In the future, the few dwindling number of remaining human-driven cars will be treated by traffic control computers as dangerous erratic moving obstacles, which self-driving cars should as far as possible maintain a safe distance from. (Today that’s a joke. A generation from now, it won’t be.)

      1. pjwood1 says:

        PP,

        I have and use these features, and feel a good understanding of their abilities and limits.

        “A generation from now”, says a lot about the realities of what people on this board are excited about, today. Why is that? When you fancy things that don’t exist, you might end up settling for less today. This over-shoot of image versus reality, is responsible for creating cars whose ergonomics are starting to suck. I mean, objective, simple, safe things like eyes on the road, ease of controls, etc. Tesla buyers are so transfixed on AI hardware potential, I think more than perspective is being lost. Just look at the Model 3??

        I don’t share the utopian “traffic will be better” beliefs. Adaptive cruise systems are set for given follow distances. Certain roads adhere to different cultural norms. Sometimes 1.5 car lengths are an invitation to be cutoff, usually not. So, what is “safe” as an AI distance definition? You get that it’s directly related to harder braking and more distonce, correct? Manual driving will remain an option, and these min/max follow distances will also continue to be chosen by our brains. There is not as much difference as you might expect between AI cars set to “safe” distances and the way they will react, versus human drivers having different preferences when they also come upon traffic. Once one car crosses in front of another, the “too close” chain reaction will still happen. So then, we fancy car to car communitcation, but that won’t work for another 20 years as that’s how long it takes for a fleet of U.S. autos to effectively roll to perfect harmony. And this assumes some guy with an old “AI” car isn’t gonna still drive with a broken sensor, etc. (It also assumes we want/will pay for/ AI cars..) I don’t think my view is a distortion of reality. Cruise control was introduced decades ago, and auto-steer is now “the bees knees”. We’re going a bit crazy, to talk about this AI stuff without realizing it’s so, so far out. This is an EV site. Maybe someone will start “Inside AVs”?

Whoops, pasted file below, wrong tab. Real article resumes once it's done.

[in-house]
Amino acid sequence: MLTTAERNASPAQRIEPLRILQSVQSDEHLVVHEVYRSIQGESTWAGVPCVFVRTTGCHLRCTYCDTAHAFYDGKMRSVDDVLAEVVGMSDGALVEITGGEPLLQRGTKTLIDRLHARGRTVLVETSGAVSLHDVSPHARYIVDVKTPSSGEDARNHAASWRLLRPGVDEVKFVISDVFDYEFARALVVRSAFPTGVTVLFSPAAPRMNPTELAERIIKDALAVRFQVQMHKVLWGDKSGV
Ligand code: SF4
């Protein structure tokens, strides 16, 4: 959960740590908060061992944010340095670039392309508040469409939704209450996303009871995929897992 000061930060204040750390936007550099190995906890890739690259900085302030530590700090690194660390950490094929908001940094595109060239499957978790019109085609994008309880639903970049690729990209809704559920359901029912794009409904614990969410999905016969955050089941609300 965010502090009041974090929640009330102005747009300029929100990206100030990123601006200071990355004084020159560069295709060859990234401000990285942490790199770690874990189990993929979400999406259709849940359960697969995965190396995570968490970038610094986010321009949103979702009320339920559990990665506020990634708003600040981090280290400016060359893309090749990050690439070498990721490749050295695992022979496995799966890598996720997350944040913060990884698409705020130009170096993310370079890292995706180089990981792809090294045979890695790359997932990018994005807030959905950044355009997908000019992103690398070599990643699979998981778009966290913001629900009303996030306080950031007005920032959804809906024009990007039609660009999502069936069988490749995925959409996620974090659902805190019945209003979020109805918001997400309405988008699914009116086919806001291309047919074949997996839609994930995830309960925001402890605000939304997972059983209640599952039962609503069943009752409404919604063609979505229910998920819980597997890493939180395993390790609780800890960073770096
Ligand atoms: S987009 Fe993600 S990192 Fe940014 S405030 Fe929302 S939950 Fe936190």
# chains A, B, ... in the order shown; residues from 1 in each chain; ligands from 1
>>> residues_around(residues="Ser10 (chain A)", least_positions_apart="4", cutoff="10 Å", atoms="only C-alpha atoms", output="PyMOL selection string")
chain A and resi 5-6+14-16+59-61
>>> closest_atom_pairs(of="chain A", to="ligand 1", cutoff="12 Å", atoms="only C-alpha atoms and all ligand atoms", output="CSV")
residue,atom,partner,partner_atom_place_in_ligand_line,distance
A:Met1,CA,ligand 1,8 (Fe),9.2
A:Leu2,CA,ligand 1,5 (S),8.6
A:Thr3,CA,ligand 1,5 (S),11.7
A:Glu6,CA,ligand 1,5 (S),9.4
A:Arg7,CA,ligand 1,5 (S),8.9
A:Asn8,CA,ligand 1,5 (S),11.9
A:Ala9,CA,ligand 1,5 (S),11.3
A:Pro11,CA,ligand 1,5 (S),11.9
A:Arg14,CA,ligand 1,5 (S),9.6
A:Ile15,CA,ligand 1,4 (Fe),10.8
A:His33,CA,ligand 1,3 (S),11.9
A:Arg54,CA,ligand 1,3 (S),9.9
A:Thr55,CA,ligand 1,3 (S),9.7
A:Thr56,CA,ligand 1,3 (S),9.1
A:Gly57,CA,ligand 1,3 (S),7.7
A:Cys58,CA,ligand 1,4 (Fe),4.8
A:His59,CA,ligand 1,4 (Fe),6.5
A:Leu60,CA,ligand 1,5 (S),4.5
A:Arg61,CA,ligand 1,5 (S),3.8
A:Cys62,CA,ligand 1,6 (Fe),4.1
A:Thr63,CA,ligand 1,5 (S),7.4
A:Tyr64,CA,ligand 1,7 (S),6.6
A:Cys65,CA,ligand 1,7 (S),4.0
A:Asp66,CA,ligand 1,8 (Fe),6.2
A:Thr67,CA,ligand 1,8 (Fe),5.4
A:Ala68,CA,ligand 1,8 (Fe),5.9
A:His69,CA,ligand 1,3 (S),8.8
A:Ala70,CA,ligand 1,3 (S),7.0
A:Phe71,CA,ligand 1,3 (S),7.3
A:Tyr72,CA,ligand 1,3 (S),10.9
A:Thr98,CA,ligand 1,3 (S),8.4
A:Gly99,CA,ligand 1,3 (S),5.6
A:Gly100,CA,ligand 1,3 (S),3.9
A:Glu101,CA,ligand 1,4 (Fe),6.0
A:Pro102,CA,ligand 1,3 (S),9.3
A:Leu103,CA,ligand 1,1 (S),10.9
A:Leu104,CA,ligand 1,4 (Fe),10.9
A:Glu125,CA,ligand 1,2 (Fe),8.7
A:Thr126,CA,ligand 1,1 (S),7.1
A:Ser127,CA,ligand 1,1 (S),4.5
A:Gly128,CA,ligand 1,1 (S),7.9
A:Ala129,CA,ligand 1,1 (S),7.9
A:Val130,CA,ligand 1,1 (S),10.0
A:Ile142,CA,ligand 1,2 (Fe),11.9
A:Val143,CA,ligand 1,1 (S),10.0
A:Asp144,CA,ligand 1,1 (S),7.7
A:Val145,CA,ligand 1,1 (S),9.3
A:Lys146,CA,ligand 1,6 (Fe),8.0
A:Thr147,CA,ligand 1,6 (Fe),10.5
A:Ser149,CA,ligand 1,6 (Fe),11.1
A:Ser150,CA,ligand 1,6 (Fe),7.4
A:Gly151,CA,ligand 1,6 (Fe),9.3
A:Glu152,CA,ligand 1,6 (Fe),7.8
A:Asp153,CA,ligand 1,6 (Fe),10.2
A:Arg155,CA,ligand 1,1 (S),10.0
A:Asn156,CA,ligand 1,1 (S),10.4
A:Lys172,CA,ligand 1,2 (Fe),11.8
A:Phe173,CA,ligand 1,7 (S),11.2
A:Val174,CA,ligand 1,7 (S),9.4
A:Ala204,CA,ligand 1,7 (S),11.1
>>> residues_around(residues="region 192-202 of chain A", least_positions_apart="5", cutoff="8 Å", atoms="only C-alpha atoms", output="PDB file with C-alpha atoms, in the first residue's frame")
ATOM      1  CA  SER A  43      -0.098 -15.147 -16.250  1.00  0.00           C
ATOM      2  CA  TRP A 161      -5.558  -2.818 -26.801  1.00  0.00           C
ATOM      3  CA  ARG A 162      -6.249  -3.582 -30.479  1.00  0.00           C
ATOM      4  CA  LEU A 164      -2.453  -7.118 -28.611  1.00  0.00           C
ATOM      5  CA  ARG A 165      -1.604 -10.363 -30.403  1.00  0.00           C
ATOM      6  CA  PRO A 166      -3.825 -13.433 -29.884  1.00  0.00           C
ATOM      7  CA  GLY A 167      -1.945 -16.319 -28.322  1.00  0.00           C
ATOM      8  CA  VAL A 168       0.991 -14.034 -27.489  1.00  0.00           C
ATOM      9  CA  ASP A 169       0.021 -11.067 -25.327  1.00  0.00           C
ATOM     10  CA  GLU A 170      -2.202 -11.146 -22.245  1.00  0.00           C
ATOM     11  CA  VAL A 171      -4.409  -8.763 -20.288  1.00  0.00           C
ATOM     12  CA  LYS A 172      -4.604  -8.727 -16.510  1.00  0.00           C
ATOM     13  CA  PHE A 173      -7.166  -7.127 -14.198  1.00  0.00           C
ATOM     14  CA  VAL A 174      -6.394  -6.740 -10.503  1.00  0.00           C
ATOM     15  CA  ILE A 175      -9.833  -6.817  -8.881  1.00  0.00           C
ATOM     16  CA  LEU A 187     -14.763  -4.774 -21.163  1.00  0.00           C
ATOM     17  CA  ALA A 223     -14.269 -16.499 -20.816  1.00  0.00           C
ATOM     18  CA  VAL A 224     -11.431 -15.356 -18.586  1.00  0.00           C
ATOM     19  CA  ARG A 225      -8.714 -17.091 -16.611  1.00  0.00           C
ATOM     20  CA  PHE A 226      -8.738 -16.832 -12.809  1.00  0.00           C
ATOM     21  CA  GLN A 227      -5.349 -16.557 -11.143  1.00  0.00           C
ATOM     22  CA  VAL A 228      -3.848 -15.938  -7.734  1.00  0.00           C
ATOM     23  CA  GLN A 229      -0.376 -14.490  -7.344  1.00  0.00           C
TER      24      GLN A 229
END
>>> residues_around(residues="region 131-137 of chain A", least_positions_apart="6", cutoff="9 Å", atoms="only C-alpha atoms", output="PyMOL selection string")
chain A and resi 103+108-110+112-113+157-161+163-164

Discussions I don’t expect on InsideAVs would be how future rural drivers reject AI, and how lost urban access makes it moot. Since we’re talking about 10-20 years out, how will AI get around not being allowed in “the last mile”? -I don’t ponder this stuff, and I work in the city.

        1. Pushmi-Pullyu says:

          @pjwood1:

          Thank you for your thoughtful reply. It’s refreshing to have someone willing to talk about these issues in more than a superficial manner.

          “Tesla buyers are so transfixed on AI hardware potential, I think more than perspective is being lost. Just look at the Model 3??”

          Here I agree. Tesla has gotten out over its skis in designing the M3 for fully autonomous driving, when that has yet to be developed. And despite Tesla’s claims, I very seriously doubt their current hardware is up to the level of reliability necessary for full autonomous driving. As I’ve said many times, that needs active scanning in 360°, not just the front-facing radar scanners Tesla is now using.

          “Sometimes 1.5 car lengths are an invitation to be cutoff, usually not. So, what is ‘safe’ as an AI distance definition? You get that it’s directly related to harder braking and more distonce, correct?”